Results: We find that cystathionine-γ-lyase (CSE), the enzyme responsible for cysteine production upstream of GSH biosynthesis, is specifically upregulated in IDH1-mutant astrocytomas. CSE inhibition sensitized these cells to cysteine depletion, an effect not observed in IDH1 wild-type gliomas. This correlated with an increase in reactive oxygen species and reduced GSH synthesis. Propargylglycine (PAG), a brain-penetrant drug specifically targeting CSE, led to delayed tumor growth in mice.

Conclusions: e show that IDH1-mutant astrocytic gliomas critically rely on NADPH-independent de novo GSH synthesis via CSE to maintain the antioxidant defense, which highlights a novel metabolic vulnerability that may be therapeutically exploited.
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http://dx.doi.org/10.1093/noajnl/vdab057DOI Listing
http://www.ncbi.nlm.nih.gov/pmc/articles/PMC8262642PMC
April 2021

A novel patient stratification strategy to enhance the therapeutic efficacy of dasatinib in glioblastoma.

Neuro Oncol 2021 Jul 7. Epub 2021 Jul 7.

Brain Tumor Translational Targets, DKFZ Junior Group, German Cancer Research Center (DKFZ), Heidelberg, Germany.

Background: Glioblastoma is the most common primary malignancy of the central nervous system with dismal prognosis. Genomic signatures classify isocitrate dehydrogenase 1 (IDH)-wildtype glioblastoma into three subtypes: proneural, mesenchymal and classical. Dasatinib, an inhibitor of proto-oncogene kinase Src (SRC), is one of many therapeutics which, despite promising preclinical results, has failed to improve overall survival in glioblastoma patients in clinical trials. We examined whether glioblastoma subtypes differ in their response to dasatinib and could hence be evaluated for patient enrichment strategies in clinical trials.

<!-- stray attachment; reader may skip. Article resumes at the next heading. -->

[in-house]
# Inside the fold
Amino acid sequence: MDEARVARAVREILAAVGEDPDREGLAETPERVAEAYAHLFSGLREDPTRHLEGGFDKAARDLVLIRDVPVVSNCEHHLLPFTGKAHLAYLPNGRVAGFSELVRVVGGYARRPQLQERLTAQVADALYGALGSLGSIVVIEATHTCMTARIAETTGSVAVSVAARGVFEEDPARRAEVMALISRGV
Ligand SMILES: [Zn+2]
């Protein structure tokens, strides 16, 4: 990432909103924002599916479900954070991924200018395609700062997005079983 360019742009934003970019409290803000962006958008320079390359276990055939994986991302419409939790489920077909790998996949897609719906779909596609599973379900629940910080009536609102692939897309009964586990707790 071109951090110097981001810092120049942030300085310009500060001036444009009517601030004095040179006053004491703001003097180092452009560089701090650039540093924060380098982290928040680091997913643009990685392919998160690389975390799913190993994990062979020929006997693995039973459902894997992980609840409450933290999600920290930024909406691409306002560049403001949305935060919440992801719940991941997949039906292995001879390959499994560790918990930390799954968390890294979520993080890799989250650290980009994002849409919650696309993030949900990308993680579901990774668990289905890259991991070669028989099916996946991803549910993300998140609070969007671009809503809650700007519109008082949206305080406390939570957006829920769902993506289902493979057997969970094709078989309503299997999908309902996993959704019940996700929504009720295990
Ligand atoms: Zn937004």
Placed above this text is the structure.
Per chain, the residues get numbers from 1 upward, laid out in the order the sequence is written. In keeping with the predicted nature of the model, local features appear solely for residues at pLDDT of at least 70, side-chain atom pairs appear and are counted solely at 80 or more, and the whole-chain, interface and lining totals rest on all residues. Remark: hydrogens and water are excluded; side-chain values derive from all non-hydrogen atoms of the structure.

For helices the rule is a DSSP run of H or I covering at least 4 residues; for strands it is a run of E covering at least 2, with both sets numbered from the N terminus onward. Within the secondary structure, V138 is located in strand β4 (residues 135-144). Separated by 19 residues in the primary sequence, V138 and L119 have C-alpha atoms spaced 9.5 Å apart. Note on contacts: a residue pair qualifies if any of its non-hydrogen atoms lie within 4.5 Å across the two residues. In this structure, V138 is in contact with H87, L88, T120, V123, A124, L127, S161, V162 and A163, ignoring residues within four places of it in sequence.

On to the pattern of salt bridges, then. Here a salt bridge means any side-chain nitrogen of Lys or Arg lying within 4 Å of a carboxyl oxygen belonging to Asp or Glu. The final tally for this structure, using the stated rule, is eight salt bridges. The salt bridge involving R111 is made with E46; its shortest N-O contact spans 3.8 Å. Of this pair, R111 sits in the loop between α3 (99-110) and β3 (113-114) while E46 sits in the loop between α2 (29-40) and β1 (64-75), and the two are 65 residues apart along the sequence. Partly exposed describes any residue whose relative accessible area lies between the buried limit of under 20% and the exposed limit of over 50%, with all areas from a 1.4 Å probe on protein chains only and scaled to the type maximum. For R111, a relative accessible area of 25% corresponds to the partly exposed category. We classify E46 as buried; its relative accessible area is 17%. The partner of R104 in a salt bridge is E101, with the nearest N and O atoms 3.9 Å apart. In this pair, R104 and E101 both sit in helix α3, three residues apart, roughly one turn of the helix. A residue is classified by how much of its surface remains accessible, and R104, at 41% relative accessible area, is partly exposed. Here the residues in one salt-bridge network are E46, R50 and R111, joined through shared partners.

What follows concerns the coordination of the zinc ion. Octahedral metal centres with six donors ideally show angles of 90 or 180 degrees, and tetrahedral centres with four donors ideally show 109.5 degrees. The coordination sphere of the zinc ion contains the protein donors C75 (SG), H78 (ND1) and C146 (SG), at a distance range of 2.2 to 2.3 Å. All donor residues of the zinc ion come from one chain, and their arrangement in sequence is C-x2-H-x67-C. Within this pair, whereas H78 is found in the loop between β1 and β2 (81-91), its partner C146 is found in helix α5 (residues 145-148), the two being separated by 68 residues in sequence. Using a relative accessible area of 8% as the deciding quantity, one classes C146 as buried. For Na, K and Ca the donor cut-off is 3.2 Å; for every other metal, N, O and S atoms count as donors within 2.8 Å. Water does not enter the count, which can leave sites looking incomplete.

Methods: We carried out in silico analyses on glioblastoma gene expression (TCGA) and single-cell RNA-Seq data. In addition, in vitro experiments using glioblastoma stem-like cells (GSCs) derived from primary patient tumors were performed, with complementary gene expression profiling and immunohistochemistry analysis of tumor samples.

Results: Patients with the mesenchymal subtype of glioblastoma showed higher SRC pathway activation based on gene expression profiling. Accordingly, mesenchymal GSCs were more sensitive to SRC inhibition by dasatinib compared to proneural and classical GSCs. Notably, SRC phosphorylation status did not predict response to dasatinib treatment. Furthermore, serpin peptidase inhibitor clade H member 1 (SERPINH1), a collagen related heat-shock protein associated with cancer progression, was shown to correlate with dasatinib response and with the mesenchymal subtype.

Conclusion: This work highlights further molecular-based patient selection strategies in clinical trials and suggests the mesenchymal subtype as well as SERPINH1 to be associated with response to dasatinib. Our findings indicate that stratification based on gene expression subtyping should be considered in future dasatinib trials.
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http://dx.doi.org/10.1093/neuonc/noab158DOI Listing
July 2021

A New Pentafluorothio-Substituted Curcuminoid with Superior Antitumor Activity.

Biomolecules 2021 06 25;11(7). Epub 2021 Jun 25.

Experimental Neurosurgery, Frankfurt University Hospital, Theodor-Stern-Kai 7, 60590 Frankfurt am Main, Germany.

A new and readily available pentafluorothiophenyl-substituted N-methyl-piperidone curcuminoid was prepared and investigated for its anti-proliferative, pro-apoptotic and cancer stem cell-differentiating activities against a panel of human tumor cell lines derived from various tumor entities. The compound was highly anti-proliferative and reached IC values in the nanomolar concentration range. was superior to the known anti-tumorally active curcuminoid EF24 () and its known N-ethyl-piperidone analog in all tested tumor cell lines. Furthermore, induced a noticeable increase of intracellular reactive oxygen species in HT-29 colon adenocarcinoma cells, which possibly leads to a distinct increase in sub-G1 cells, as assessed by cell cycle analysis. A considerable activation of the executioner-caspases 3 and 7 as well as nuclei fragmentation, cell rounding, and membrane protrusions suggest the triggering of an apoptotic mechanism. Yet another effect was the re-organization of the actin cytoskeleton shown by the formation of stress fibers and actin aggregation. also caused cell death in the adherently cultured glioblastoma cell lines U251 and Mz54. We furthermore observed that strongly suppressed the stem cell properties of glioma stem-like cell lines including one primary line, highlighting the potential therapeutic relevance of this new compound.